This event was celebrated by Delavigne in a Dithyrambe sur la naissance du roi de Rome, which secured for him a sinecure in the revenue office.
Delavigne, inspired by the catastrophe of 1815, wrote two impassioned poems, the first entitled Waterloo, the second, Devastation du musee, both written in the heat of patriotic enthusiasm, and teeming with popular political allusions.
Twenty-five thousand copies were sold; Delavigne was famous.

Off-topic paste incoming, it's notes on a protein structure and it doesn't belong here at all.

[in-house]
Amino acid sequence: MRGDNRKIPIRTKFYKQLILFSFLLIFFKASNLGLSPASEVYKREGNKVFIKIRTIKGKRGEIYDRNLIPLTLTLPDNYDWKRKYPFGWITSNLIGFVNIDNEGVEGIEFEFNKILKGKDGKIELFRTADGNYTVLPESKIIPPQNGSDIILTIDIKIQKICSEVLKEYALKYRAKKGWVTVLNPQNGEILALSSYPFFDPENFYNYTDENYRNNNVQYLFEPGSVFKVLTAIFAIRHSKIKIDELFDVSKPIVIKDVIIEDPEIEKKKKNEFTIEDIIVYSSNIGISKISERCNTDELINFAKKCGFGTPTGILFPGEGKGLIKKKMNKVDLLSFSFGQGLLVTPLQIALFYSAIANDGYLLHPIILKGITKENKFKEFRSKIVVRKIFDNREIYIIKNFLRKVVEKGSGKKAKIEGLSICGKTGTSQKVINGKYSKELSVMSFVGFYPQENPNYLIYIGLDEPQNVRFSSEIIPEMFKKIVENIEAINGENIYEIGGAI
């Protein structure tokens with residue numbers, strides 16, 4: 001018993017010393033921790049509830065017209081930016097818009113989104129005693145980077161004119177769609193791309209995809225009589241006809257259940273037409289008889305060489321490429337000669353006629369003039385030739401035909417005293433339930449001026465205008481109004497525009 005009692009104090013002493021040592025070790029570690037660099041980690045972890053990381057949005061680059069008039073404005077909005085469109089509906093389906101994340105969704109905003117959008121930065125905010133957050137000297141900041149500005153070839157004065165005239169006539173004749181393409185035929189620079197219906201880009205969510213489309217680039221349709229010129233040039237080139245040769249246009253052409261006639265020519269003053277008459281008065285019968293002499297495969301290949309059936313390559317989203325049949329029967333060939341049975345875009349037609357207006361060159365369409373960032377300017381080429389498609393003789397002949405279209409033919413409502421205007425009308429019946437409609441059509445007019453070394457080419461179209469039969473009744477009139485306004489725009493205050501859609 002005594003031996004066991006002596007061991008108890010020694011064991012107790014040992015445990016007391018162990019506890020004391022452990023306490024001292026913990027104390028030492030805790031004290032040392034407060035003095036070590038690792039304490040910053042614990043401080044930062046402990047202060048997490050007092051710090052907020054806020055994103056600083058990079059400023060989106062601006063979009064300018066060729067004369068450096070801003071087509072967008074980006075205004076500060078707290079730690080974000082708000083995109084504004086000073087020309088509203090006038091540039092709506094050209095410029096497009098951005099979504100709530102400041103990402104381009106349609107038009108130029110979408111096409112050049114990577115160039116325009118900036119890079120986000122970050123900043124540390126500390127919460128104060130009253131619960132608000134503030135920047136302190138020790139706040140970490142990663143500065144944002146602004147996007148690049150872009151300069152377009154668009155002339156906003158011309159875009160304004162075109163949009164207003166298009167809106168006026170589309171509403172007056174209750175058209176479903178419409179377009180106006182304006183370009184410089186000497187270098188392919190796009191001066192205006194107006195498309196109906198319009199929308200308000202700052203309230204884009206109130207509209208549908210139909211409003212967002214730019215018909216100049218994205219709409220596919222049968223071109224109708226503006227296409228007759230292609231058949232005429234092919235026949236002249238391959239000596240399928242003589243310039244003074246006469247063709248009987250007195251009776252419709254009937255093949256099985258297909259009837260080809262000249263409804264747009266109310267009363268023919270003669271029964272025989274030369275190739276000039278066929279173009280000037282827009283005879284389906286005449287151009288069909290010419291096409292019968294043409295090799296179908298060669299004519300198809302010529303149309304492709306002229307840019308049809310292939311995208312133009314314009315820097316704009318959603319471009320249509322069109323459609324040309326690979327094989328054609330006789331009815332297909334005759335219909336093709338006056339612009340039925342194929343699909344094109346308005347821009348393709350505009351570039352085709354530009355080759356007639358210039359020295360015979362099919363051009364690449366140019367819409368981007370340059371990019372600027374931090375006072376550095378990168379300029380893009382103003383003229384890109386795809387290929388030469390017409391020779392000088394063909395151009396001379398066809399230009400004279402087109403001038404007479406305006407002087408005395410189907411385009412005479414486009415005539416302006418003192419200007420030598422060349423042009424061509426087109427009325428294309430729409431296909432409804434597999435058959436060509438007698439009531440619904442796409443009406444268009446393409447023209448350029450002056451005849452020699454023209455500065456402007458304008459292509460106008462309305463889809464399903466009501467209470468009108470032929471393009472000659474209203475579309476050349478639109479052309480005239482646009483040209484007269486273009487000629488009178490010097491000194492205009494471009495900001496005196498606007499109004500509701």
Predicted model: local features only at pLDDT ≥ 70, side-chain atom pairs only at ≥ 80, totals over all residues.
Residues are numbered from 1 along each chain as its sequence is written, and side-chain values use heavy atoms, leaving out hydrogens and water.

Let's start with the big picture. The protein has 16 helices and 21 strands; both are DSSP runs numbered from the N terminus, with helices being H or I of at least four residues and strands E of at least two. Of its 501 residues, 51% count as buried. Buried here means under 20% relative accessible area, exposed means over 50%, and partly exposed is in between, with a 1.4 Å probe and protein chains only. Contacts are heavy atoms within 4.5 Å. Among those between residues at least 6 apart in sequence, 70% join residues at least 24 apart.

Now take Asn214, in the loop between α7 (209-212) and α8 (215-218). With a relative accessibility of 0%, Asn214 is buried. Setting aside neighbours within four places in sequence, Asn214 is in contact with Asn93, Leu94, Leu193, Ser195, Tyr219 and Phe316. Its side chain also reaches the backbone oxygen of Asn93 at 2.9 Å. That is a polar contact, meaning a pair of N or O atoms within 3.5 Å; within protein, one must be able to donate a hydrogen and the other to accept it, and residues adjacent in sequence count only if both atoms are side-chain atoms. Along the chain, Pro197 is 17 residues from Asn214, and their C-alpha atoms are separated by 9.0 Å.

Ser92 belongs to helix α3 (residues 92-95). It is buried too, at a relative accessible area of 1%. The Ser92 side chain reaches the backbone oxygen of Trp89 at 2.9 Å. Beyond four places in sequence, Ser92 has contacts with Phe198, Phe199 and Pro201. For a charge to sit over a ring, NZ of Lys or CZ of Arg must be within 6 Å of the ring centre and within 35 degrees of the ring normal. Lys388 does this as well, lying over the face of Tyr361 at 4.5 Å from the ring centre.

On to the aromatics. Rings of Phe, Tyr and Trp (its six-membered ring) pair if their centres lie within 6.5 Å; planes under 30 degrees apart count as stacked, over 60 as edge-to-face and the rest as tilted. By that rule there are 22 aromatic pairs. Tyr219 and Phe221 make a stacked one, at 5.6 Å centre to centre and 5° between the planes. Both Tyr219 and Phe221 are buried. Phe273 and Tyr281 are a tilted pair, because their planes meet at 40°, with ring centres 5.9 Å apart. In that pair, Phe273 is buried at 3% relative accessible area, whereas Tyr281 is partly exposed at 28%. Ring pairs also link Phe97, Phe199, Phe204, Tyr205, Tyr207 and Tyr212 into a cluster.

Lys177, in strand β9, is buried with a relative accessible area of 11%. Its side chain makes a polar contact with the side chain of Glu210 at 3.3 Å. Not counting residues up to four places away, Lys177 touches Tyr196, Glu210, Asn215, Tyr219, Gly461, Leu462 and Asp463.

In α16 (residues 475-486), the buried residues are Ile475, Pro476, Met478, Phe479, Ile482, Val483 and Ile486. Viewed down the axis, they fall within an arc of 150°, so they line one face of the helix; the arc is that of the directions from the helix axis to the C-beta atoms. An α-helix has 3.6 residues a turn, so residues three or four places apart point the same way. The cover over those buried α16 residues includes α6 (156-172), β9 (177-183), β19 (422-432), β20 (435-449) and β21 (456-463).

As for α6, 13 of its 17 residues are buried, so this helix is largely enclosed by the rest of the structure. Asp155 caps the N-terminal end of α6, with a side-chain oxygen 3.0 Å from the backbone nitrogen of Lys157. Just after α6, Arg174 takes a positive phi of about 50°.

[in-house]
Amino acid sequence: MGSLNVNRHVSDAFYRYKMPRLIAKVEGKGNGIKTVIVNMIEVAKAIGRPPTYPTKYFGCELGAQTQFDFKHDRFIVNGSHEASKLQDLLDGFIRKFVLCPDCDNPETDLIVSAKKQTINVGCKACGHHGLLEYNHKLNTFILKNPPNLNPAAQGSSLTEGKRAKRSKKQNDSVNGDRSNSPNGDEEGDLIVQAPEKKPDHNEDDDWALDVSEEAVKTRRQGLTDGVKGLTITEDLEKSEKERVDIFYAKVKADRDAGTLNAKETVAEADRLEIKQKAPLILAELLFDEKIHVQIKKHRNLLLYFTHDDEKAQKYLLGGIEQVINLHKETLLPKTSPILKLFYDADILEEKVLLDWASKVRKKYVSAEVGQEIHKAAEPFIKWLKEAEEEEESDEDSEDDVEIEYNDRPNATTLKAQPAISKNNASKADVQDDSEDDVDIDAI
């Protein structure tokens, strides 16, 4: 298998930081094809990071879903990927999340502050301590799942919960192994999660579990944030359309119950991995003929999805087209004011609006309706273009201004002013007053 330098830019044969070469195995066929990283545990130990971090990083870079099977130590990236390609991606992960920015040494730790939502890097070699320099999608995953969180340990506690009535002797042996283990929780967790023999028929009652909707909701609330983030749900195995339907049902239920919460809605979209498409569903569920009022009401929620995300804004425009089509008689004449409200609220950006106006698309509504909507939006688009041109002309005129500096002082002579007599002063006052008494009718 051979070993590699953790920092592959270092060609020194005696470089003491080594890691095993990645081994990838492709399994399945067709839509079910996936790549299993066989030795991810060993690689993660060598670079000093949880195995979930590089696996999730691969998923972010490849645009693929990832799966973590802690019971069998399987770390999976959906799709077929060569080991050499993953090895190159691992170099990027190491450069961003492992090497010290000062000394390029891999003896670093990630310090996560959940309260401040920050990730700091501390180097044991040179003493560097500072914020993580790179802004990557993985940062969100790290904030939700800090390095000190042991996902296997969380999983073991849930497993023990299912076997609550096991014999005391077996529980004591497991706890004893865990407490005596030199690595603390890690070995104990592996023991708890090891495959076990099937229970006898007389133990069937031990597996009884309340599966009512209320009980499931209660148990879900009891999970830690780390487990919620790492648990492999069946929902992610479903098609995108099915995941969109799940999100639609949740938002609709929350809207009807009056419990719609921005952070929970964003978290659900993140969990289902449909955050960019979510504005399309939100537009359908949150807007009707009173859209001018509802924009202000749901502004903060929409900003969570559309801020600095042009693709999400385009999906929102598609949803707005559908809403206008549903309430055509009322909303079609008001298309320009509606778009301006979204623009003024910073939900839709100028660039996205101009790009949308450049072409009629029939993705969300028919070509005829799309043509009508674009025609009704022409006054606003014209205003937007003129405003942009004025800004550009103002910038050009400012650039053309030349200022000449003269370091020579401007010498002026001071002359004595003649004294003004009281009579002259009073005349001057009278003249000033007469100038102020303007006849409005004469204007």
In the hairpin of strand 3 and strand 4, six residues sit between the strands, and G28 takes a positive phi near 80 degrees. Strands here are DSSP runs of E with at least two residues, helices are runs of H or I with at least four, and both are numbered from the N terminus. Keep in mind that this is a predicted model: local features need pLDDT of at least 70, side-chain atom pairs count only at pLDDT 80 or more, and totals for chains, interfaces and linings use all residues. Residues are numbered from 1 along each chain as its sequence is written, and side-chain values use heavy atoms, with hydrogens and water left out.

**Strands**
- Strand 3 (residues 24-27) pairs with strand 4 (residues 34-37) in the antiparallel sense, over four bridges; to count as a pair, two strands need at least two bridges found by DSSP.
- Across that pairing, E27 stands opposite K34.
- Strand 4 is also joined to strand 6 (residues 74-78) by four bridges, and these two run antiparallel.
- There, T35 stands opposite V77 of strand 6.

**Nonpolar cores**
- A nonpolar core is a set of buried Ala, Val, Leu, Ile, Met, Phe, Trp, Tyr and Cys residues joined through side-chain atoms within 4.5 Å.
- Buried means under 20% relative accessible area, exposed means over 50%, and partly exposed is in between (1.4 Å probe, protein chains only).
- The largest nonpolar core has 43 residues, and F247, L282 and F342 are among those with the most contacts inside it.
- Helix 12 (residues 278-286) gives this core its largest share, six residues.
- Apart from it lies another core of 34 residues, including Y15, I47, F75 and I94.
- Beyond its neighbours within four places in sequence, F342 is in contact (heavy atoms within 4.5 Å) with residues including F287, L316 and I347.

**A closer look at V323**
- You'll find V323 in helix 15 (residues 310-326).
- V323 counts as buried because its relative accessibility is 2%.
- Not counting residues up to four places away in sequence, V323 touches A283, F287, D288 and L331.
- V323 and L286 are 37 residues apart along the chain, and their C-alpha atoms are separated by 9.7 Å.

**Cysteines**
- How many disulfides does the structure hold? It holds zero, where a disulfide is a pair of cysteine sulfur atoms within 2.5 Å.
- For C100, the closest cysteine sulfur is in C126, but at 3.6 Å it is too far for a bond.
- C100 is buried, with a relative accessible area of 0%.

The latter piece-obtained a longer lease of life than its intrinsic literary merits warranted, on account of the popularity of the political opinions freely expressed in it - so freely expressed, indeed, that the displeasure of the king was incurred, and Delavigne lost his post.
Accordingly Delavigne became librarian at the Palais Royal, a position retained during the remainder of his life.